State of the Enterprise 2018

Hey everyone. It is that time of year again where I look back at the year coming to a close and forward to the year ahead. 2018 was a big year for the company and for the world at large. In many ways it was the year I expected even hoped for and many others it was not the year I expected at all.

Personal Life

Incase you hadn’t heard, I moved half way across the USA this year. I use to live in New Jersey and now I live in Missouri. My wife got a job that she has been working towards for some time now. We’re thrilled about this, but it has impacted my writing schedule.

What we hoped would happen but didn’t really expect was us buying a house. So in the past 4 months, we moved twice. Even right now, I’m still moving boxes that we never had the chance to unpack after the first move. So my writing schedule has been impacted again. If you want to know why we have not produced much since GenCon, that’s the primary reason (more on other reasons in a bit).

Pathfinder

Another wrench in the schedule is the announcement of Pathfinder Second Edition. I guessed this was coming a while back, but it still took me by surprise. We were just starting to get a solid stream of high level adventures under us when the announcement came. So we made our Pathfinder adventures a priority and we got almost all of them published before the release of the 2e playtest. I’m sad for the ones we cut from the schedule but it is entirely possible they will be seen in the future, either as Pathfinder 2e adventures, Fifth Edition adventures, possibly even 13th Age, or dare I say it Pathfinder 1e adventures.

As my own recent poll revealed, PF2e is not as popular as I (and many others) expected it to be. There still may be people playing PF1e for quite some time. We will keep monitoring the situation as things develop. Frankly, I don’t expect us to make a final decision on as to whether we are going to 2e or staying 1e (or even doing both) until we see the final rules and the compatible license. However, if you had asked me about it six months ago, I would have just assumed we’re going 2e and that is that. The fact that we’re considering other options should give you an indication of the situation.

Fifth Edition

The current push we are on is to make all of our Pathfinder adventures and other supplements available for 5e. We want to have just as much if diverse library of material for 5e as we do Pathfinder.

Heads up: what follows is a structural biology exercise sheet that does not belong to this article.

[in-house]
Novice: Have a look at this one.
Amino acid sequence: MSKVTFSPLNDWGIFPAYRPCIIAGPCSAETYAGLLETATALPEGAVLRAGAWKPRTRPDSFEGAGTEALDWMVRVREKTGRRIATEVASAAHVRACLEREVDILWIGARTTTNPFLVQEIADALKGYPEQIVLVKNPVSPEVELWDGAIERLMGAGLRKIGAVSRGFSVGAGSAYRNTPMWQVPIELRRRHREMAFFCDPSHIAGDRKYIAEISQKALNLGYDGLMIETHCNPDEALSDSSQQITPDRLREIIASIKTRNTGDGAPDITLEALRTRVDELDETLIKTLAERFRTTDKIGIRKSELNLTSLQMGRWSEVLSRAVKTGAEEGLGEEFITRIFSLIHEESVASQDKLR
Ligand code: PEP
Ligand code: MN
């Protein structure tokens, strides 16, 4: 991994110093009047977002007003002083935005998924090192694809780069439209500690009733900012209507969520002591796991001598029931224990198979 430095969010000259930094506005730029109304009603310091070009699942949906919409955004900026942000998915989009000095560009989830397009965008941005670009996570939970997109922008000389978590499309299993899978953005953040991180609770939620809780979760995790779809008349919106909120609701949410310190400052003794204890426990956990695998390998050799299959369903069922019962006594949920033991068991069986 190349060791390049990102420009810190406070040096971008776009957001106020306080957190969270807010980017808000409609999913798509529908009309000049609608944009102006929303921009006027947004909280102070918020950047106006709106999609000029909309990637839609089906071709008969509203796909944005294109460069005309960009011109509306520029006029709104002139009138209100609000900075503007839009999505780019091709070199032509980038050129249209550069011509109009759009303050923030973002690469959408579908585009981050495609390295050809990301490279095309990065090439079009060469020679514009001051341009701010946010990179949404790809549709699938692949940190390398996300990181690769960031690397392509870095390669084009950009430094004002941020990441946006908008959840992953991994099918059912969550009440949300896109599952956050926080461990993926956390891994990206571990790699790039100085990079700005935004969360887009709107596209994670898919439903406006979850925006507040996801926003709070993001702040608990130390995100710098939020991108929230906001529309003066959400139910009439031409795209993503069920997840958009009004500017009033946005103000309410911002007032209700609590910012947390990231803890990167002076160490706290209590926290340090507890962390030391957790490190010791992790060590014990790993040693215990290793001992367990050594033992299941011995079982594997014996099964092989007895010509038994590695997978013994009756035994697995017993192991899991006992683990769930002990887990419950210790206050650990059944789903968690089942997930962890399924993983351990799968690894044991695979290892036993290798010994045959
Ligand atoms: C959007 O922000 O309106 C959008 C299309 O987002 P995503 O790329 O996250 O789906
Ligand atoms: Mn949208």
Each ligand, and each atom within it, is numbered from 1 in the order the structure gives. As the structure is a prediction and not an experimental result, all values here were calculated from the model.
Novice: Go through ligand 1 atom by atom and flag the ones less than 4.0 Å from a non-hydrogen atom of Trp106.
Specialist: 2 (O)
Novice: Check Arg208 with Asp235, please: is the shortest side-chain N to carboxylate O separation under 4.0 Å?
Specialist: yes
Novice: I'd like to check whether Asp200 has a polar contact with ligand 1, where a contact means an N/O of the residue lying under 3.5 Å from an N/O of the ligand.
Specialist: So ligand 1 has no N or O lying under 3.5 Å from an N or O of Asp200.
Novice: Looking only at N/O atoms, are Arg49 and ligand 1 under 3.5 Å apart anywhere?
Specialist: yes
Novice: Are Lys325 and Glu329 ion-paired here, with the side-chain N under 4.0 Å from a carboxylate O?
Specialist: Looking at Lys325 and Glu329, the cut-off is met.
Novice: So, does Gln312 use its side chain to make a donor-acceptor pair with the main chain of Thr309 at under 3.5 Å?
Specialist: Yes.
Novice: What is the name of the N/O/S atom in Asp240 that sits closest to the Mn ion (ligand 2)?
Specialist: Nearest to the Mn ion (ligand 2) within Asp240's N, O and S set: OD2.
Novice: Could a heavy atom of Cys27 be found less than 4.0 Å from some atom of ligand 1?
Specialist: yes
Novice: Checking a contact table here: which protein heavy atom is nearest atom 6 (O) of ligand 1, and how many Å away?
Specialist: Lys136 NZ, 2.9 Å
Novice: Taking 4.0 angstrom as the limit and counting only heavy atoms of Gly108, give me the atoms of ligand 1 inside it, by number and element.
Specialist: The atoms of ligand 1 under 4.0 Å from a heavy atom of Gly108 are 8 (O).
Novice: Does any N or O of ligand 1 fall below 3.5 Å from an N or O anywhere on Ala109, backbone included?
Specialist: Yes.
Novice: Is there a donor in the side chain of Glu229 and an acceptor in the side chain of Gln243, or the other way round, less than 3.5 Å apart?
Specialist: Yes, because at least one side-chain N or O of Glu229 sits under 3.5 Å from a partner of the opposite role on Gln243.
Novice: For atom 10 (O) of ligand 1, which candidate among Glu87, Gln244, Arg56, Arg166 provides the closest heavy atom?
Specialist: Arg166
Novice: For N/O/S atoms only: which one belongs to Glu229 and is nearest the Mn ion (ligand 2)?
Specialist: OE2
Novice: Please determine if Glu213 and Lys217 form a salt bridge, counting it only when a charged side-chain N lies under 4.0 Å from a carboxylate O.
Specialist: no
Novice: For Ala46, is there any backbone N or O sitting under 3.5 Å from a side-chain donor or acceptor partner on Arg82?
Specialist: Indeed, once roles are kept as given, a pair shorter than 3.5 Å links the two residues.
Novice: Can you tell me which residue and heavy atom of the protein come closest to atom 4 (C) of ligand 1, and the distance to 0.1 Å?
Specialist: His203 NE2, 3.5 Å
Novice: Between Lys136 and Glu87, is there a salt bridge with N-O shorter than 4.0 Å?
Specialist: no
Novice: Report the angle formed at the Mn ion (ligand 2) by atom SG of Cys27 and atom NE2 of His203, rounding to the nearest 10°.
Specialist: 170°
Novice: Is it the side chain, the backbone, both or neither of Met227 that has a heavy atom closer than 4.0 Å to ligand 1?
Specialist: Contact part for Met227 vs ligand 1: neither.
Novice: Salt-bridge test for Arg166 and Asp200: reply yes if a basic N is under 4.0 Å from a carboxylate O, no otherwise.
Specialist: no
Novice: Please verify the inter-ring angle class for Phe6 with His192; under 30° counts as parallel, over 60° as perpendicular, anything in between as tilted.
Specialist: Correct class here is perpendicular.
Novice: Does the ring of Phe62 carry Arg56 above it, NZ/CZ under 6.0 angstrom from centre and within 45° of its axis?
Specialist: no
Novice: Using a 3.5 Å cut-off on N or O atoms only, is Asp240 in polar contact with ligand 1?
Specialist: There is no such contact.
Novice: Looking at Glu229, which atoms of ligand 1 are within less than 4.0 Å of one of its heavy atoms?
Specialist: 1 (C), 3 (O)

One thing we are doing with 5e we have not done in years with Pathfinder is get our books into distribution. Deadly Delves: Temple of Luminescence will be our first adventure making it’s way into game stores for this game. Shortly thereafter will follow Along Came a Spider. The latter was first released when 5e was still young, and our experience with the game was rather low (as was everyone’s). Since then we’ve leveled up our 5e game and we have plans for 5e supplements both print and PDF well into the new year. These include conversations of existing Pathfinder material as well as brand new supplements that are never seen before.

That was what a decent amount of my time has gone to as of late. When I said above that the move was the primary eater of my time, well working through the logistics to get this set up has another major time investment. It will be well worth it when all is ready to go.

Traveller

“Look for that in 2018.” That is what we said concerning several projects for Traveller in the State of the Enterprise 2017. So it is fair to say that things have not gone according to plan this year. We released our first single ships last month… and that is all we published this year for Traveller. Needless to say that was not the plan this time last year. We still have the last two parts of the Prelude to War adventure path. We have a number of monsters and vehicles that we want to turn into their own books. And we want to publish a number of small settings that you can integrate into the Foreven Worlds, elsewhere in the Third Imperium, or somewhere in a different setting. So we have our hands full for the year ahead.

13th Age


We continued our 13 Class Options series with 13 Wizard Cantrips and Spells and 13 Cleric Domains and Spells. The still not yet named 13 Rogue Options has fallen victim to the same time crunch we’ve described above from the moves and the Pathfinder schedule reschuffeling. Plus, we want to take the time to make each one that much more awesome. When we are satisfied with it, you’ll be the first to know.

After the “core four” classes, we plan to get to the others published. Let us know which you would like us to tackle sooner than others. We’d love to hear your thoughts.

2019 and Beyond

The next few months, JBE is focusing on 5e, Traveller, and hopefully some 13th Age as well because they received so little love last year. That will be our plan for the next four-to-six months. Beyond that, we have a number of ideas but nothing concrete. One thing is for sure, 2019 is going to see some big changes from us. We have all the printing logistics worked out, and I will be working on the company full time in the new year. This means we finally have both the means and opportunity to do things we have been dreaming about for a decade. I can’t say for sure yet which way we will be going, but expect big things from us this year.

By big things, I do mean sizable books or possibly our own system or our own setting. The last time we tried something like this was with Shadowsfall back in 2012 (almost 7 years ago!). Back then, we had the means (being in game stores then as well) but really lacked the opportunity to do it at the level we wanted. Having the experience from publishing so many more rules supplements and adventures since then, we are more prepared to embark on this dramatic step.